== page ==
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Jack Eichel and a pain in the neck
The battle between the Buffalo Sabres and their former captain is a true shame
It’s hard to do any writing or talking about the Buffalo Sabres without discussing in some way what in the world is going on with Jack Eichel. What’s super about that question is that no one outside of Eichel or Sabres GM Kevyn Adams really has any idea.
The standoff between the player and the team over how to operate on the herniated disk in Eichel’s neck has lasted through the summer and now deep into autumn. It’s lasted so long that if they settled things right away, he’d likely already be back on the ice and playing. Instead, Eichel sits and waits while the Sabres search for a trade with a team that’s willing to allow him to have the artificial disk replacement (ADR) he wants. Eichel wants very badly to be part of Team USA for the 2022 Olympics in China, but as more time goes on the likelihood of that grows slimmer.
It’s difficult to not be sympathetic to Eichel. The Sabres preferred choice for his surgery is a fusion procedure which is much more well-known and proven to be helpful, although with well-founded concerns. If I were 25 years old and looking at a future which my head mobility could be an issue because of fusion, I’d look for other options as well. But no NHL player has had it done before and the Sabres aren’t feeling too excited about assuming the risk involved even though Eichel is.
That it’s Eichel’s neck and he must use it and live with it he should have a heavier hand in how exactly it gets worked on. But the NHL Collective Bargaining Agreement with the NHLPA gives teams the final say in the matter. I must assume (yes, I know about assuming, thanks) that serious neck procedures were not what the owners and players had in mind when agreeing to that. Knee surgery or shoulder surgery, sure, but something as serious as the neck? Those issues don’t come up quite as often.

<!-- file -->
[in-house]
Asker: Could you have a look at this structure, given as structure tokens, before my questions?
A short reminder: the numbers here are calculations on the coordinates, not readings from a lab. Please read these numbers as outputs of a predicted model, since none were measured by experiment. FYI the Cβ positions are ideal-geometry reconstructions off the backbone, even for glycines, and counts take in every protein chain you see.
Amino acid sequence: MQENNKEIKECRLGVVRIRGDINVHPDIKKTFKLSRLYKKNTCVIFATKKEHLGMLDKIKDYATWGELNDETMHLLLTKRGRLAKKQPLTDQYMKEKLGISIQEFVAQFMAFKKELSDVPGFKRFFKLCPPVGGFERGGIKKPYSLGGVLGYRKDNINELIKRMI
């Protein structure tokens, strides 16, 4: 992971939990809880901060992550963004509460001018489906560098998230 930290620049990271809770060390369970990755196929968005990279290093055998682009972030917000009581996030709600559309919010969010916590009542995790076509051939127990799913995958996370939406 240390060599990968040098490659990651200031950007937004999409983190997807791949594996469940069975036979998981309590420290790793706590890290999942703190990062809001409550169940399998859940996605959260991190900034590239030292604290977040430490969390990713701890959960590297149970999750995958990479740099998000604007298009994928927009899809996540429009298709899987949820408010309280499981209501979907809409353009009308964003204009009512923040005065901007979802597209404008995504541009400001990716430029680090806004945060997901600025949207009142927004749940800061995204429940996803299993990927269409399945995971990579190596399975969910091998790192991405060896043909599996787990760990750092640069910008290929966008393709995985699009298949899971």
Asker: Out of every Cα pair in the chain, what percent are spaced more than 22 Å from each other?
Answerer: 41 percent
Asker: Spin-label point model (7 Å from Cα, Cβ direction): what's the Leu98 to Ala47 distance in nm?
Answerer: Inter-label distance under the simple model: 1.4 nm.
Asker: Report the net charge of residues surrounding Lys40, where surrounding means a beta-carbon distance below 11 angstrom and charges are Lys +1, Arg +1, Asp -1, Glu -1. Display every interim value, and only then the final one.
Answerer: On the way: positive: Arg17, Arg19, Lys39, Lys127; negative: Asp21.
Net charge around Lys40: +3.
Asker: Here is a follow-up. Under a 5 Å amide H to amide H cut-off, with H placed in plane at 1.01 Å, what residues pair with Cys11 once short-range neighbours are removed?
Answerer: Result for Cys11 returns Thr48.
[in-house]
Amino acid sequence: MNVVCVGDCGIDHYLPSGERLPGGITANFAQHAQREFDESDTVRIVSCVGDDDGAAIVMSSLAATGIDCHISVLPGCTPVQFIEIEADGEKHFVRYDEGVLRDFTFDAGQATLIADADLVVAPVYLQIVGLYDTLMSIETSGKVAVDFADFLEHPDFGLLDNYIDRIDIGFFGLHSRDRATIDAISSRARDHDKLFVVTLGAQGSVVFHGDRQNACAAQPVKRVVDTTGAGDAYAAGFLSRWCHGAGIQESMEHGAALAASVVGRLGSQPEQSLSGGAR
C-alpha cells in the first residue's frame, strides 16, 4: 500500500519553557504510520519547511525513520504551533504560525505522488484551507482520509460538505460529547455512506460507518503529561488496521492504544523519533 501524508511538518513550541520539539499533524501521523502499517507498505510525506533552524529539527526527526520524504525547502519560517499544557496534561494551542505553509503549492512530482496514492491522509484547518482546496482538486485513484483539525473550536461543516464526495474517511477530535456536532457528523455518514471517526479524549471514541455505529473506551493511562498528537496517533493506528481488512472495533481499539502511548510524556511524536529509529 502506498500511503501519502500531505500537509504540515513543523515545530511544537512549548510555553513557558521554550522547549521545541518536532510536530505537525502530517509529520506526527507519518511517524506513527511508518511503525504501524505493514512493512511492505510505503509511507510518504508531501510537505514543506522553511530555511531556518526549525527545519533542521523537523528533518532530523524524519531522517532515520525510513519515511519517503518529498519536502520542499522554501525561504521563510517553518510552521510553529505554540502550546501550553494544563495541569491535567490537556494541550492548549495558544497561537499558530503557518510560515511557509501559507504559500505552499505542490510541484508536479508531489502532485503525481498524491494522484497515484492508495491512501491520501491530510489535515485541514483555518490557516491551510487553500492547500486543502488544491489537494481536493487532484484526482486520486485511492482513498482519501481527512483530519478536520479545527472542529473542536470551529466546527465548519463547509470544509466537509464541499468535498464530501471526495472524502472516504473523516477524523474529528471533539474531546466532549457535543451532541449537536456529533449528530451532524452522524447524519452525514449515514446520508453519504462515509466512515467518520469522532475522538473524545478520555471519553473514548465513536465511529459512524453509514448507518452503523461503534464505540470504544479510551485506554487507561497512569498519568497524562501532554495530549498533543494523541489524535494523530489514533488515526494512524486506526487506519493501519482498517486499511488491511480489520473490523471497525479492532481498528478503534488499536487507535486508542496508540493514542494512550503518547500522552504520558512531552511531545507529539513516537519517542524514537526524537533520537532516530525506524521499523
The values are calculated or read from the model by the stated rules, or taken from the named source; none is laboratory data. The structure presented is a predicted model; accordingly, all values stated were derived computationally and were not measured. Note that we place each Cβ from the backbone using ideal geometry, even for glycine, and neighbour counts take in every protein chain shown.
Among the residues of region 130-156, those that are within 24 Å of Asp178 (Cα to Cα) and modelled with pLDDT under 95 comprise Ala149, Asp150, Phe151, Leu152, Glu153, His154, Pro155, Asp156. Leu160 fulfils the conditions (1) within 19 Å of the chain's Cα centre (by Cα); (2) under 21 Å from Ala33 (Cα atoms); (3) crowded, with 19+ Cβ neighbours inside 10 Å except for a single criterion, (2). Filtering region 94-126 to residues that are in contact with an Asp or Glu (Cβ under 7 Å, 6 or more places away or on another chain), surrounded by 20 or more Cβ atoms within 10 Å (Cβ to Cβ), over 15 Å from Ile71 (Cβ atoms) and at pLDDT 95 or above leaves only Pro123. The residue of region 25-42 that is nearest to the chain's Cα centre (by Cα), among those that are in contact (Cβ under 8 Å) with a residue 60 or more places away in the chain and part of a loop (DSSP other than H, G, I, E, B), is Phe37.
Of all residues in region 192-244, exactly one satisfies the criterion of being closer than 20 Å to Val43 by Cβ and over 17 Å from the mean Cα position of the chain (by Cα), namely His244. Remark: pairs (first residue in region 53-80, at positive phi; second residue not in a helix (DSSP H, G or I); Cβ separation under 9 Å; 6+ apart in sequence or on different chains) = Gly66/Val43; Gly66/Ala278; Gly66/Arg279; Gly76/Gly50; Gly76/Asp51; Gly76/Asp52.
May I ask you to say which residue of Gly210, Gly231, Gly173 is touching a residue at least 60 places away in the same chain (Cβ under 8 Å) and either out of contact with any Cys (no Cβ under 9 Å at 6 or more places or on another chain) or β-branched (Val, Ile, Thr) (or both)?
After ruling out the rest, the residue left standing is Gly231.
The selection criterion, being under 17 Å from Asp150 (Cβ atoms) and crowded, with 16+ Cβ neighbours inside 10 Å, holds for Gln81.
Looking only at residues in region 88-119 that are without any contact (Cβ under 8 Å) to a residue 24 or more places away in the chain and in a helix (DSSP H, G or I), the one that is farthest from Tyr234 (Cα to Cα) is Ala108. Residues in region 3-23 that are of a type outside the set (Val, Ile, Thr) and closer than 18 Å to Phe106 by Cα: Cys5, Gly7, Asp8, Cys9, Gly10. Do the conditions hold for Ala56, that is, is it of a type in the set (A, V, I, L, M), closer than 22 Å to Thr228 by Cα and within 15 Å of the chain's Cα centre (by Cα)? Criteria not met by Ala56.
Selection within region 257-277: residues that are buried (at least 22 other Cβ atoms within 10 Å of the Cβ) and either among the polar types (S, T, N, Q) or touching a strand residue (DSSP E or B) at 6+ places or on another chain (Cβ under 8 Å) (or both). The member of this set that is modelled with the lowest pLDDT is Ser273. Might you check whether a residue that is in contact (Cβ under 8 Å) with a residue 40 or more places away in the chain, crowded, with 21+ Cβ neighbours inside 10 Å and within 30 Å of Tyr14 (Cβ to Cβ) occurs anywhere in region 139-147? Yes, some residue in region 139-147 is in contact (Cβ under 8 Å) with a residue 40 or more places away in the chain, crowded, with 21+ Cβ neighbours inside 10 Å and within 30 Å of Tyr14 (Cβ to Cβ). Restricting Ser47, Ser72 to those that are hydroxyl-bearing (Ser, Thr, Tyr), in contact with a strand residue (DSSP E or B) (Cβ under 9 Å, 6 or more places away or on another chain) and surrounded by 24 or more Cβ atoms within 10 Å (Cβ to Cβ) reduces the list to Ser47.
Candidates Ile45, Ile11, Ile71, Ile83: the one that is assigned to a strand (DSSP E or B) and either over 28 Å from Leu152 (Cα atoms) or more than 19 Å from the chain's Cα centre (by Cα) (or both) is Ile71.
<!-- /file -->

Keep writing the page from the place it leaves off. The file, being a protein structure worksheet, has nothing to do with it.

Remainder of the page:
What’s been made clear through all of this is the Sabres aren’t backing down from their position and neither is Eichel. The Sabres also aren’t willing to adjust what they want from a team looking to acquire Eichel even though it would appear they would have to because how in the world does this get solved otherwise? Stubbornness goes a long way, especially when team and player are no longer on good terms.
Everything about this situation has been awkward to discuss because you can understand where each side is coming from. We know why the Sabres are being hard-asses and we know why Jack doesn’t want to get something done he isn’t comfortable doing.
That the Sabres are being huge sticklers about their demand for three-to-four first-round type pieces in a trade makes sense, especially when you think of how the Ryan O’Reilly trade played out.
There was much, and still is plenty of, mockery for what amounted to one of the all-time worst trades of the modern era. That trade happened three years ago, which also feels like a lifetime ago, but if I were running a team and had that fresh in my mind, I’d do everything possible to not get rooked again and made the butt of jokes for another decade or two or three. And now here we are with Jack Eichel — frozen in time under circumstances everyone can understand but no one likes or wants and neither side giving an inch.
This isn’t to say the Sabres should take a sub-par offer to be free of Eichel and just move on from what’s been the most disappointing and maligned run in Sabres history since they went bankrupt. They shouldn’t settle for less, but they should negotiate more to make it work out efficiently. The Sabres have good vibes going now but with a giant shadow looming over everything until Eichel is traded. Buffalo spent the entirety of the offseason hyping up the young players and how they’re moving ahead as a team and they’re playing well. But every day has the “Well what about Jack? Is he getting traded today or what?” specter attached to it. He’s not there and the coaches and players aren’t thinking about him but he’s very much still there.
Even though Eichel has been skating and doing whatever workouts he’s allowed and also spending time at Fenway Park plenty, the last thing he wants to do is nothing. It’s in everyone’s best interests to get this over with as soon as possible but, instead of viewing this as an acrimonious staring contest perhaps, the Sabres could view this a little less like business and a bit more human considering a guy can’t get healthy because they say so. It’s hard to embrace the future when holding onto a past you no longer wish to remember. It’s even more difficult to feel good about the present when there are moral and ethical questions to be dealt with.